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The Case of the Radioactive Rabbit


A radioactively contaminated rabbit has been caught and killed on the Hanford Nuclear Reservation near Richland in southeast Washington.

The U.S. Department of Energy says that's not unusual. Last year the agency caught 33 contaminated animals. But this rabbit was unusually close to workers and the public.

The bunny was found just a few miles outside of the city of Richland in Hanford's 300 Area. Todd Nelson is a spokesman for one of the federal contractors that clean up Hanford. He downplayed the incident.

"We have teams out there all the time that are monitoring. And in this particular case the material that we collected was all within a 100 yards of the potential source. It was easily cleaned up, easily contained and very localized," Nelson said.

That "material" is contaminated rabbit droppings found on Oct. 14th. The theory is that the rabbit made an unfortunate decision to drink water out of puddles near or in a contaminated building that's being torn down.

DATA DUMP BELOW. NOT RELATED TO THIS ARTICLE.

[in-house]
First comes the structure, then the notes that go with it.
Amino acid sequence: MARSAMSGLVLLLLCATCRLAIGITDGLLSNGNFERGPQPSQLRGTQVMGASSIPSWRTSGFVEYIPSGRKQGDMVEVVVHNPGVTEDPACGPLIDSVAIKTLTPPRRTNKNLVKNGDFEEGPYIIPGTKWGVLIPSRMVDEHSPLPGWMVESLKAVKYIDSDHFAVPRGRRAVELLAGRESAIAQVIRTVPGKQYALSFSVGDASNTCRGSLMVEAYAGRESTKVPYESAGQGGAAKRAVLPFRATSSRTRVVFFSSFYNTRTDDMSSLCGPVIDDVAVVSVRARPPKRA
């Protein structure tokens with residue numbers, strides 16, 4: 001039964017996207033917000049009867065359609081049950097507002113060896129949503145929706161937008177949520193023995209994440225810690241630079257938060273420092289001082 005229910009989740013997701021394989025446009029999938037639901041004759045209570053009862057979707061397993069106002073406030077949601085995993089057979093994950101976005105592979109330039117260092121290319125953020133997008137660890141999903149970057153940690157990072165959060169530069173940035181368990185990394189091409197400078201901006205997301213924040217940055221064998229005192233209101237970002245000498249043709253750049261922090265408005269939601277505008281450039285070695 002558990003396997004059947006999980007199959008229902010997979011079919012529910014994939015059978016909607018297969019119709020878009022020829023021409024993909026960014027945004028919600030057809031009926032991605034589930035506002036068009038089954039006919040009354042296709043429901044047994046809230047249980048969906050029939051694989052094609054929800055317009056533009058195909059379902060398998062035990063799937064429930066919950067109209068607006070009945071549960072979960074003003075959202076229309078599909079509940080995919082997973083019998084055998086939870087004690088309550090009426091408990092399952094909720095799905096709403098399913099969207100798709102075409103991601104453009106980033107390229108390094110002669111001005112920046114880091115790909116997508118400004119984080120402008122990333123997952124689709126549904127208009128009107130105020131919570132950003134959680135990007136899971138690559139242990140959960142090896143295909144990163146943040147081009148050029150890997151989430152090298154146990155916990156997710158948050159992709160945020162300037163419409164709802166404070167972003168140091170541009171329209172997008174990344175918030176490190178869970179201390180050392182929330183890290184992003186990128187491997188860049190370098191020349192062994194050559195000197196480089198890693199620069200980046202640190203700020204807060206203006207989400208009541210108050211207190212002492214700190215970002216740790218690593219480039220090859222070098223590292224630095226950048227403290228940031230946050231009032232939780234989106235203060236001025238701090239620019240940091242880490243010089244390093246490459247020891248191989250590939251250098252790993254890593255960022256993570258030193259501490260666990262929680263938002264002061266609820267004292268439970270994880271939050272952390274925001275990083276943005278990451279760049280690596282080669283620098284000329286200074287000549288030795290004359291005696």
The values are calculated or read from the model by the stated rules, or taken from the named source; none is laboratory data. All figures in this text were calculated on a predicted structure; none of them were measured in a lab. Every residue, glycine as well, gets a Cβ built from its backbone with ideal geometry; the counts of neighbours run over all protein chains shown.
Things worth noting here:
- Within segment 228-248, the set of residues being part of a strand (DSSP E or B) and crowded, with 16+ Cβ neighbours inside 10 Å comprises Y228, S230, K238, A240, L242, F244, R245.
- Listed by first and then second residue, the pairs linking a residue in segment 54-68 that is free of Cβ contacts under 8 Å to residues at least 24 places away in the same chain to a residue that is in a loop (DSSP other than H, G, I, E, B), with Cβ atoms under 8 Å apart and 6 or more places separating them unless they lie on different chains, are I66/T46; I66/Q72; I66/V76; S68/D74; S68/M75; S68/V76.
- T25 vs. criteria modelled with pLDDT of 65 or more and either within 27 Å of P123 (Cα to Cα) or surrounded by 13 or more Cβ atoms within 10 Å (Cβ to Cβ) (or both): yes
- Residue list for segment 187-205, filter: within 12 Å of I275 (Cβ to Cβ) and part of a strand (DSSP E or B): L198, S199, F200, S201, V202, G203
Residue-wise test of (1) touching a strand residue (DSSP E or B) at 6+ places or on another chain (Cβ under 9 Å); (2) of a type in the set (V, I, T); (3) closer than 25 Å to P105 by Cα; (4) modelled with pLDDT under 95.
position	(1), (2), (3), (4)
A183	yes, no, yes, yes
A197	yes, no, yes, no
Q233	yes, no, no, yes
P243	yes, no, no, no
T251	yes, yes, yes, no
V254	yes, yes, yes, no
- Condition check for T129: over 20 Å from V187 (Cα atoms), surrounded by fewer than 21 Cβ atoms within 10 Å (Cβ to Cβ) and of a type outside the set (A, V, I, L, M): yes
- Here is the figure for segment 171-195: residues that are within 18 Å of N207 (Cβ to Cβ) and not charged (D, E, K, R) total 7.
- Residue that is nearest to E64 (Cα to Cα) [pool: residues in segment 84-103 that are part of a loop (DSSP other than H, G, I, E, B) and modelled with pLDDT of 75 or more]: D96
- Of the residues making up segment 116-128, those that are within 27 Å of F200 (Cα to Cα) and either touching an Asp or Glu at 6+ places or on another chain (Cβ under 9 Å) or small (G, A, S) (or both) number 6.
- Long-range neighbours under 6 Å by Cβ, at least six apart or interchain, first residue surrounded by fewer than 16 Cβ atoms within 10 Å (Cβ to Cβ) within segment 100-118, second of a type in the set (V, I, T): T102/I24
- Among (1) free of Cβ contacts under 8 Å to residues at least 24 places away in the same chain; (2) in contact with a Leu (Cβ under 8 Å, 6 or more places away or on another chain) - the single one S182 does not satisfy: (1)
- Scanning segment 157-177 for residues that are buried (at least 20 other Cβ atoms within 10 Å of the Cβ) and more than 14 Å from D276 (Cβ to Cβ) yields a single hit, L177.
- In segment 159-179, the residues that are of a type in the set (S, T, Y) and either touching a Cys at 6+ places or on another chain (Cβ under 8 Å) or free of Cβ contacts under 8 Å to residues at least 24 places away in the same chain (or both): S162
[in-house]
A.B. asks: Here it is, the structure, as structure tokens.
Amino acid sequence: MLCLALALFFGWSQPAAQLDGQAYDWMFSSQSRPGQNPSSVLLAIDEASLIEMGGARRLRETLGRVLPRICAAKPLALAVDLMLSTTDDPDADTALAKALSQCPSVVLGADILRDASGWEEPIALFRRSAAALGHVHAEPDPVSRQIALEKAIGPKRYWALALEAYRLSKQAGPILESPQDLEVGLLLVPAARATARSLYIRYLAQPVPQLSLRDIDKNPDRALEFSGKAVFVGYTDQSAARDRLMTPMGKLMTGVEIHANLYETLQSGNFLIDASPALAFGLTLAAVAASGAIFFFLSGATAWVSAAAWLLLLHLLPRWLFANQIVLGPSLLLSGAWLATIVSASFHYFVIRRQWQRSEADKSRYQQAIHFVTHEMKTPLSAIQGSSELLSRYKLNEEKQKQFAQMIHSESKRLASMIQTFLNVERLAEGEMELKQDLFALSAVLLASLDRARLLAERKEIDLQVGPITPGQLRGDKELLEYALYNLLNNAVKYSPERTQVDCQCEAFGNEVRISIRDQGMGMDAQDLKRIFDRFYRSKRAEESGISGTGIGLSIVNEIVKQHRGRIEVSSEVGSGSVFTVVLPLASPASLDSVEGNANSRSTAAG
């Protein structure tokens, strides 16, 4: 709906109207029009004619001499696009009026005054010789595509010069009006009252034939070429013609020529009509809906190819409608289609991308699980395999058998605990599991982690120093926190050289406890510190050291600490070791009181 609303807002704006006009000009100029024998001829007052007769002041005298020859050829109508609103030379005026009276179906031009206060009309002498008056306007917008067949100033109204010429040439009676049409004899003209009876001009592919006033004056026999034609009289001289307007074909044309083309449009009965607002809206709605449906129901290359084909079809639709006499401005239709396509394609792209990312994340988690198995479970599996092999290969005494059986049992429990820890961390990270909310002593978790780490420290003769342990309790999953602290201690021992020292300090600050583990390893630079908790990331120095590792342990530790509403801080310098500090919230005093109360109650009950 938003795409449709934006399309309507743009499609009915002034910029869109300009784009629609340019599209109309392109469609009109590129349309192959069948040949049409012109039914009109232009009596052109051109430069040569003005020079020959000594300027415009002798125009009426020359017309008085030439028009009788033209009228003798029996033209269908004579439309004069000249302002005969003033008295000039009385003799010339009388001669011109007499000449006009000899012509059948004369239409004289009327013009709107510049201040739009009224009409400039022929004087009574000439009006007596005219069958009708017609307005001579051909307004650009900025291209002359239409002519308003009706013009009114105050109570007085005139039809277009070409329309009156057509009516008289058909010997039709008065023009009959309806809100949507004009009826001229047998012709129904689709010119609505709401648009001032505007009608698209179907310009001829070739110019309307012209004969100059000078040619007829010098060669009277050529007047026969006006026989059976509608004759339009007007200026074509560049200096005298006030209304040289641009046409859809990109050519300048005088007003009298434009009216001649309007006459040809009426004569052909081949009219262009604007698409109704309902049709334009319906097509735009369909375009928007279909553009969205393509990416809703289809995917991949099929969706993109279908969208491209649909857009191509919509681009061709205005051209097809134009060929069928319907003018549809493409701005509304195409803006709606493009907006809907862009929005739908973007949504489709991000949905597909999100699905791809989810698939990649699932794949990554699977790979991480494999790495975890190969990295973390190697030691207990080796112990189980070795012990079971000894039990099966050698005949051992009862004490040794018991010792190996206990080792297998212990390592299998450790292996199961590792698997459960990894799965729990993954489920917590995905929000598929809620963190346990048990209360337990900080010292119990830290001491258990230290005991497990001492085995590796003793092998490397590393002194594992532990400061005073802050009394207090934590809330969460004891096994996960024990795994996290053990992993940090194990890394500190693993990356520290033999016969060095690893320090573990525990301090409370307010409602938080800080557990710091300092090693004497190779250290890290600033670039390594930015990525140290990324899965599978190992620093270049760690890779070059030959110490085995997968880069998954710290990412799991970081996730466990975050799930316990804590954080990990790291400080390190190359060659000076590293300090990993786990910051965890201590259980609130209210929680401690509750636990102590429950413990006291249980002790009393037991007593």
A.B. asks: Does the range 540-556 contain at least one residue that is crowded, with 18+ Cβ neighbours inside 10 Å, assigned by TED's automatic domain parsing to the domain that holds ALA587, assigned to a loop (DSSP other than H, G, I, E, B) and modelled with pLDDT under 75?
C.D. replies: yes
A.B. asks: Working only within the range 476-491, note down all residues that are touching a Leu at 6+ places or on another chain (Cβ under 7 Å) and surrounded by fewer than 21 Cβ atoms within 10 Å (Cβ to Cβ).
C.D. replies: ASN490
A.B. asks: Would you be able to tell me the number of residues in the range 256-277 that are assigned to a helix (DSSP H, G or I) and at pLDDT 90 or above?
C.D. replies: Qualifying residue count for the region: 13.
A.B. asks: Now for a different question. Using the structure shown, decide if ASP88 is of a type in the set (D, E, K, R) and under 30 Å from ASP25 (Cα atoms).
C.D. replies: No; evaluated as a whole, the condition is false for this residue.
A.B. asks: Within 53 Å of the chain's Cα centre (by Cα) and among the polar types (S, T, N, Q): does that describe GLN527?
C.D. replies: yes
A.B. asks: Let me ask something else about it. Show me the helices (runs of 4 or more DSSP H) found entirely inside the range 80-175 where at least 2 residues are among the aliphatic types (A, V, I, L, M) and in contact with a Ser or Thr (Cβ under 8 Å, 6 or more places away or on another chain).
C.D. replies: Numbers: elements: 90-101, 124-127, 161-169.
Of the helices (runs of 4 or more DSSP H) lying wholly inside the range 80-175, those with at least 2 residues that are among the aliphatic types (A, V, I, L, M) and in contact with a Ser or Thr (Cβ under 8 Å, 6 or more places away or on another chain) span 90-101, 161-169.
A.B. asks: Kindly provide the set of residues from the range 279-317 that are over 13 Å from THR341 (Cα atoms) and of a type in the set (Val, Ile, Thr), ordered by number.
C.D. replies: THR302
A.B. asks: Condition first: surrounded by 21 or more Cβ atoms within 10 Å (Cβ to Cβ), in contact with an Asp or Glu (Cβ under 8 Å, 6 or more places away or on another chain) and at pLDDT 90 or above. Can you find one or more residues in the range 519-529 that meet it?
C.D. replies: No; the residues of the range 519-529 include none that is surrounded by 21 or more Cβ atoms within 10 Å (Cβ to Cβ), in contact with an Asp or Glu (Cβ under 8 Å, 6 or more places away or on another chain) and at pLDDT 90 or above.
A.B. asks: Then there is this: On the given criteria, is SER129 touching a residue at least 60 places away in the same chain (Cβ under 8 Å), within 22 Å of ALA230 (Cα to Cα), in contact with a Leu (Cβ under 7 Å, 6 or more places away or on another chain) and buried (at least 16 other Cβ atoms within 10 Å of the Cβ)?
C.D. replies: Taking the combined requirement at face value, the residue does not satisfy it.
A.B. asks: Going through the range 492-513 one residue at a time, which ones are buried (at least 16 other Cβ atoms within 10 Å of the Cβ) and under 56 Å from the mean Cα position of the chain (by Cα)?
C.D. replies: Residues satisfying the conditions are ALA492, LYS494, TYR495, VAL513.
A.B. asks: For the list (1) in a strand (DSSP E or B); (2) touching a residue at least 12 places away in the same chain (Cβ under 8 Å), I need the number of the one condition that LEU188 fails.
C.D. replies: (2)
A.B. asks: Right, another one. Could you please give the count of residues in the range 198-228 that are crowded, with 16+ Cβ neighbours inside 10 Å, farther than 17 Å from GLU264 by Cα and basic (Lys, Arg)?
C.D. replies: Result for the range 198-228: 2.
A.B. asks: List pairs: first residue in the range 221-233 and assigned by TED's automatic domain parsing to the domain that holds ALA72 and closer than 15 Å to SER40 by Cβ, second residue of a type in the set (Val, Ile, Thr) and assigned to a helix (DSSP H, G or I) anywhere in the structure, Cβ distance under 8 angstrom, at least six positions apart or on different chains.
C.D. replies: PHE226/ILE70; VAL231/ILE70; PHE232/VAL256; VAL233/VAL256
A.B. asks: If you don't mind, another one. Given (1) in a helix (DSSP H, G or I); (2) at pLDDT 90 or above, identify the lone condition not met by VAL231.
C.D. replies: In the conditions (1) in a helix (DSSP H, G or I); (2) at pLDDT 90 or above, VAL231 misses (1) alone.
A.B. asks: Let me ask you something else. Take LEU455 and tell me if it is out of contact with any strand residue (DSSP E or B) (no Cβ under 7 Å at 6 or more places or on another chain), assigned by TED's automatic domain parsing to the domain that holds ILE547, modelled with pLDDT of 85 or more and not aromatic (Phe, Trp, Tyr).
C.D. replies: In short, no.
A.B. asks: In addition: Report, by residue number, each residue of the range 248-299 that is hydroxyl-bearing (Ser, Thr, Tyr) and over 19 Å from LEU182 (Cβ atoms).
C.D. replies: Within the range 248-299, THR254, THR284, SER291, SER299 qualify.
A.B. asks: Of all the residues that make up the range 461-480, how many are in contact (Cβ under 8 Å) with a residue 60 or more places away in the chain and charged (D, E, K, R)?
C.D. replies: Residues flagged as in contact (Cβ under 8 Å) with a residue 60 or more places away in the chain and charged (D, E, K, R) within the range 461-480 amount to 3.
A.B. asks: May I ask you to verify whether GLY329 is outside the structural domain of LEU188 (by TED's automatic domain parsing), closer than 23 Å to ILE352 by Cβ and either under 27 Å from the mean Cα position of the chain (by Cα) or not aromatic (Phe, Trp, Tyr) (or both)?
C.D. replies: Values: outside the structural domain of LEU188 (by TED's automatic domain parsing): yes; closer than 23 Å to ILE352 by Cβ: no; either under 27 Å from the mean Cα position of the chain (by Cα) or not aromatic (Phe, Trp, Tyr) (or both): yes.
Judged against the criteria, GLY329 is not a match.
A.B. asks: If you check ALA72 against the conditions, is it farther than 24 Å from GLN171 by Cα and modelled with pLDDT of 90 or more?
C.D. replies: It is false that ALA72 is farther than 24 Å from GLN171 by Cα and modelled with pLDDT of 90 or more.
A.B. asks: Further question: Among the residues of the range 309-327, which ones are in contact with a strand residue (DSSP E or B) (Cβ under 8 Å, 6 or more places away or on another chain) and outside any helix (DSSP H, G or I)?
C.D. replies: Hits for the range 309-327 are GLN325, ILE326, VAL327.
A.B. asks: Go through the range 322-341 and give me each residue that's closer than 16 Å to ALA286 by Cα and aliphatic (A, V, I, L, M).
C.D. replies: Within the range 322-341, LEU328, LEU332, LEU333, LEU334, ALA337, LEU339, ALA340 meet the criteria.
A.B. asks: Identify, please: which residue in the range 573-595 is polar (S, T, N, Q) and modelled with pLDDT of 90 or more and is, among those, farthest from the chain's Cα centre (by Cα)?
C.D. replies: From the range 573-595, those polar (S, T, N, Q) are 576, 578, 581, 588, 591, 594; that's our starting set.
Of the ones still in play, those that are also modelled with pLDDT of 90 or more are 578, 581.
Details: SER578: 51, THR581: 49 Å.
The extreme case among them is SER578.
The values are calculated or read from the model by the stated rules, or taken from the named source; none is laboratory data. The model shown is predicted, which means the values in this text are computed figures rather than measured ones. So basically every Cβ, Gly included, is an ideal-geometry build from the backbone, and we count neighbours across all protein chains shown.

In the past, contaminated mice were found after infiltrating a Hanford food bank, according the Associated Press. Even insects have been under scrutinyfor possible radioactivity in recent years.

Anna King calls Richland, Washington home and loves unearthing great stories about people in the Northwest. She reports for the Northwest News Network from a studio at Washington State University, Tri-Cities. She covers the Mid-Columbia region, from nuclear reactors to Mexican rodeos.